Thursday, March 18, 2010

NCTM article

Switzer, M.J. (2010). Bridging the math gap. Mathematics teaching in the middle school, 15(7), 400-405.

This article had two main ideas, first there is a gap between elementary and middle school learning, and second there are ways to bridge that gap. The author addressed the issue of a gap by stating that middle school experiences don't connect with elementary experiences. Often times middle school teachers don't quite know their students' prior knowledge. He did recognize that even though middle school teachers will often have a basic idea of what the students have or should have learned in elementary school, the school structure differences and other factors make it hard to communicate between elementary and middle school teachers. One of the ways he mentioned that can help fill this gap is for middle school teachers to become better acquainted with their students' prior knowledge. A way to do this is to encourage middle and elementary school teachers to work together and communicate students' learning. Much of the paper consisted of algorithms and methods to teach these algorithms that would help students better transition into middle school, thus helping to bridge the gap.

I agree with the author that there is a gap between middle and elementary school, and there are multiple ways to bridge that gap. More than just a gap between middle school and elementary school, there can be a gap between middle and high school learning of mathematics. From my own experience going into middle school is hard enough but sometimes the teachers presented material in a way we had never seen before in elementary school. Had they started with the math we knew and built off of that I would have felt much better equipped to learn. I found that to be the same when going into high school. For example I remember getting into high school and feeling as though I had never learned slope before. However I had learned it in middle school, it just wasn't taught the same way as it was in middle school so I had a hard time making that connectoin. Some of the ways this could have been fixed were mentioned in the article. It would be beneficial for the middle school teachers to communicate with the elementary teachers. This could have both schools working to better student learning in order to have a smooth transition between schools. Along with that I think that teachers should make an effort to figure out what their students know, and then build off that knowledge.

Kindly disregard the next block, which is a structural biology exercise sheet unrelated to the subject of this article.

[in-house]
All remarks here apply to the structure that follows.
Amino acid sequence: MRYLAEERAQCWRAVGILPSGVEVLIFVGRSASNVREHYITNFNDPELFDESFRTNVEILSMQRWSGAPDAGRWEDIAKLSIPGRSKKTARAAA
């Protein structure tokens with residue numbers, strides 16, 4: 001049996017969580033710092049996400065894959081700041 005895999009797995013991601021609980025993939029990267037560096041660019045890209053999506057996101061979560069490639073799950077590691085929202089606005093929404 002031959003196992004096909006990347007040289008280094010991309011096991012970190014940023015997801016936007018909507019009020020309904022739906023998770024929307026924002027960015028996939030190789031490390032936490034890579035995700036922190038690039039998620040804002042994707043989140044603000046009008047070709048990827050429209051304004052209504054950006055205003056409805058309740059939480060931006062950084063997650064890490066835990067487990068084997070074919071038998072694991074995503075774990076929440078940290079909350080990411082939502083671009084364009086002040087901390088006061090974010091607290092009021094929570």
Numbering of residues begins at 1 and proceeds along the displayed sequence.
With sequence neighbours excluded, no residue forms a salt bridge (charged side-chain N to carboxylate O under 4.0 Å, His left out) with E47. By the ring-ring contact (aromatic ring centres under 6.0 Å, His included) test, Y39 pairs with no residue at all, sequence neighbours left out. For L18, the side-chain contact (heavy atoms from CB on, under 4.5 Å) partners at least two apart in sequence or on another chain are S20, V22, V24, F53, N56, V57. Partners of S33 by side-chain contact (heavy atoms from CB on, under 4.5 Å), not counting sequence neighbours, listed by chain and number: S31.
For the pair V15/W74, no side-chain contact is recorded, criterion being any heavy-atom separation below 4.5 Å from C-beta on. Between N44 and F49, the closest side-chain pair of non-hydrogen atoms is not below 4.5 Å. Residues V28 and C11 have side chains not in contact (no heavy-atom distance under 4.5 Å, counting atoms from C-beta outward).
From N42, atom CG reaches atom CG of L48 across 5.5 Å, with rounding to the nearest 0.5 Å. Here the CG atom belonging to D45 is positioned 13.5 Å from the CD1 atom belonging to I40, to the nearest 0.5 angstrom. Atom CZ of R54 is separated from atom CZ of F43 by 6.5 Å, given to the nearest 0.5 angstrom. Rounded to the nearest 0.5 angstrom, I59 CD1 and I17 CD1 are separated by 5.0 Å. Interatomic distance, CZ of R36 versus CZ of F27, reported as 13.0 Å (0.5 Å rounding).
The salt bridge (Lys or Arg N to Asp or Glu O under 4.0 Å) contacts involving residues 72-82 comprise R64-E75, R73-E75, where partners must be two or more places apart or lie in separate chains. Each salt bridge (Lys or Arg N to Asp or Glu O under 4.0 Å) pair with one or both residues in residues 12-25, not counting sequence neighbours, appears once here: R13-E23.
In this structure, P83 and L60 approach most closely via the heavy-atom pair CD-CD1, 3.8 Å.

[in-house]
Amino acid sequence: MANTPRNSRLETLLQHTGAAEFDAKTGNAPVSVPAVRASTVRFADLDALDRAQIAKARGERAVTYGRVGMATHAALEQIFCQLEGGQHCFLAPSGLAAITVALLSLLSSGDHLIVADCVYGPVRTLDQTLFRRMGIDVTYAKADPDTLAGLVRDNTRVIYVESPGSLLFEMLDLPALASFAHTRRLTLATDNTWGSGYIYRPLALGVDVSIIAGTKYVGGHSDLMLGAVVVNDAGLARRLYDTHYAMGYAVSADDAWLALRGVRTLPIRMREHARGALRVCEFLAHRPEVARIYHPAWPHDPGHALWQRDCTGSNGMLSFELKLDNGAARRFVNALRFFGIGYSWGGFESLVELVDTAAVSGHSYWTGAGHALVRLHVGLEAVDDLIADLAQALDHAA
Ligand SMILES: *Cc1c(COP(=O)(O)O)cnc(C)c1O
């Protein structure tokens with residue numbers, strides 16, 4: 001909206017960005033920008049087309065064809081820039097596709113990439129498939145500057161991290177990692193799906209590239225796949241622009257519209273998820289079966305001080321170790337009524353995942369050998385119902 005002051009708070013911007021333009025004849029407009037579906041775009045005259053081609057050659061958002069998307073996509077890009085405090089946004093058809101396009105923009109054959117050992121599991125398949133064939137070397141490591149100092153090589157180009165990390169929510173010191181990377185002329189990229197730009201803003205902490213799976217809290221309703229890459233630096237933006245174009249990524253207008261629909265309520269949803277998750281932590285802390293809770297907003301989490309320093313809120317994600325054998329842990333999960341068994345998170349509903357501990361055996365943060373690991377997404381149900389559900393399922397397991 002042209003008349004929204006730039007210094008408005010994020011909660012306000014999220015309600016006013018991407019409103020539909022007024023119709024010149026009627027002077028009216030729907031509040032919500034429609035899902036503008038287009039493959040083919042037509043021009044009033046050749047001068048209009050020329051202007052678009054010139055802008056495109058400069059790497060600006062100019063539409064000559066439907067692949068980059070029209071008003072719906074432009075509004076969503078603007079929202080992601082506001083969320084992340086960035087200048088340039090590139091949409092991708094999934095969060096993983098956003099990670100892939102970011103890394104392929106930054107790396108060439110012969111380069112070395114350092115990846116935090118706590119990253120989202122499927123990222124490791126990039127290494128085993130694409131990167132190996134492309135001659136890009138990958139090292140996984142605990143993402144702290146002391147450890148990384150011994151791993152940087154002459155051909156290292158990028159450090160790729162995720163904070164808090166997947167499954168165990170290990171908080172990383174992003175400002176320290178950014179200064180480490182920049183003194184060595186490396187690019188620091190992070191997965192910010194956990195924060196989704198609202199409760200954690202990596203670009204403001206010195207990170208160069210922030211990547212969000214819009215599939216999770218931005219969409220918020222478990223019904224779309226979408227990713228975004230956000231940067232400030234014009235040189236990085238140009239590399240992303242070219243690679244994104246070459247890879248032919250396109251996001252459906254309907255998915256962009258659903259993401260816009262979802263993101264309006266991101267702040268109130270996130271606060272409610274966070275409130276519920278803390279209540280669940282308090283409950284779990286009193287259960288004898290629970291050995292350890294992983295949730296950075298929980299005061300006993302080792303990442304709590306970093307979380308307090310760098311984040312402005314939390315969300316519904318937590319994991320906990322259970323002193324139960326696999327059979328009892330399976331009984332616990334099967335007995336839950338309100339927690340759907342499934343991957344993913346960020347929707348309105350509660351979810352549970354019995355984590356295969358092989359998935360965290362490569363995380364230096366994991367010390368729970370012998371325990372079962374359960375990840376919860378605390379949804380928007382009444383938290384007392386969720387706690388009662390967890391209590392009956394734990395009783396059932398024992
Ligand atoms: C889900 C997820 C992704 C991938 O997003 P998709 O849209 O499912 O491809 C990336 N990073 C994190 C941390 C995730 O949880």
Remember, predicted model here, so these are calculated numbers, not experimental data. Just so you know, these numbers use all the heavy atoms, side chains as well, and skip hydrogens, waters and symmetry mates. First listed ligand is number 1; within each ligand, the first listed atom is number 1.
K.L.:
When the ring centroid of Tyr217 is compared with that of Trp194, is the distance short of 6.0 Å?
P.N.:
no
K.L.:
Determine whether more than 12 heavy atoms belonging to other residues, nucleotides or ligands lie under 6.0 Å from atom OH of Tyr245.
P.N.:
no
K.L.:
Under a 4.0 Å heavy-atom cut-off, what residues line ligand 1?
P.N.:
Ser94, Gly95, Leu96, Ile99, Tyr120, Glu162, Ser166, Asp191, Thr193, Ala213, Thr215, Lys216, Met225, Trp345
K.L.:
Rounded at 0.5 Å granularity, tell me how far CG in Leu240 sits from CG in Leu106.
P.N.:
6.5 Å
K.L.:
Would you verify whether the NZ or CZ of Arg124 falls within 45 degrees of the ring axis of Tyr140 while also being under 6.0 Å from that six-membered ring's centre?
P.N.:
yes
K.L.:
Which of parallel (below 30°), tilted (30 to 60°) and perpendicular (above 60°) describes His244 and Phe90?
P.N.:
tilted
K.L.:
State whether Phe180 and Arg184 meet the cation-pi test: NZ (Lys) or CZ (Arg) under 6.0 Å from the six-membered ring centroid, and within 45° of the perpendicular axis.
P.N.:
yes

Haley Bly


  1. I thought that you did a nice job of summarizing the main ideas in your summary paragraph. The two main points were very clear. I wondered if he was specific about ways that elementary and middle school teachers might establish communication about student learning. I think that would be particularly helpful in addressing the gap.

    I had a hard time identifying a specific topic sentence for the second paragraph. I agreed with the points you made. I just had a hard time understanding the overall structure of your argument. What exactly were you trying to accomplish in this paragraph? Is it possible that you have two or maybe even three paragraphs worth of ideas in this single paragraph? Do you think that you established a position toward the author's main point and supported that position throughout the paragraph?

  2. I think you did a good job. Your main points were very easy to pick out. It was helpful that you put in a summary of the article and examples of ways that the gap can be bridged. It was also very helpful that you put in examples from your life. I would check your spelling a little closer next time. You spelled connection wrong. Altogether, I think you did a good job :)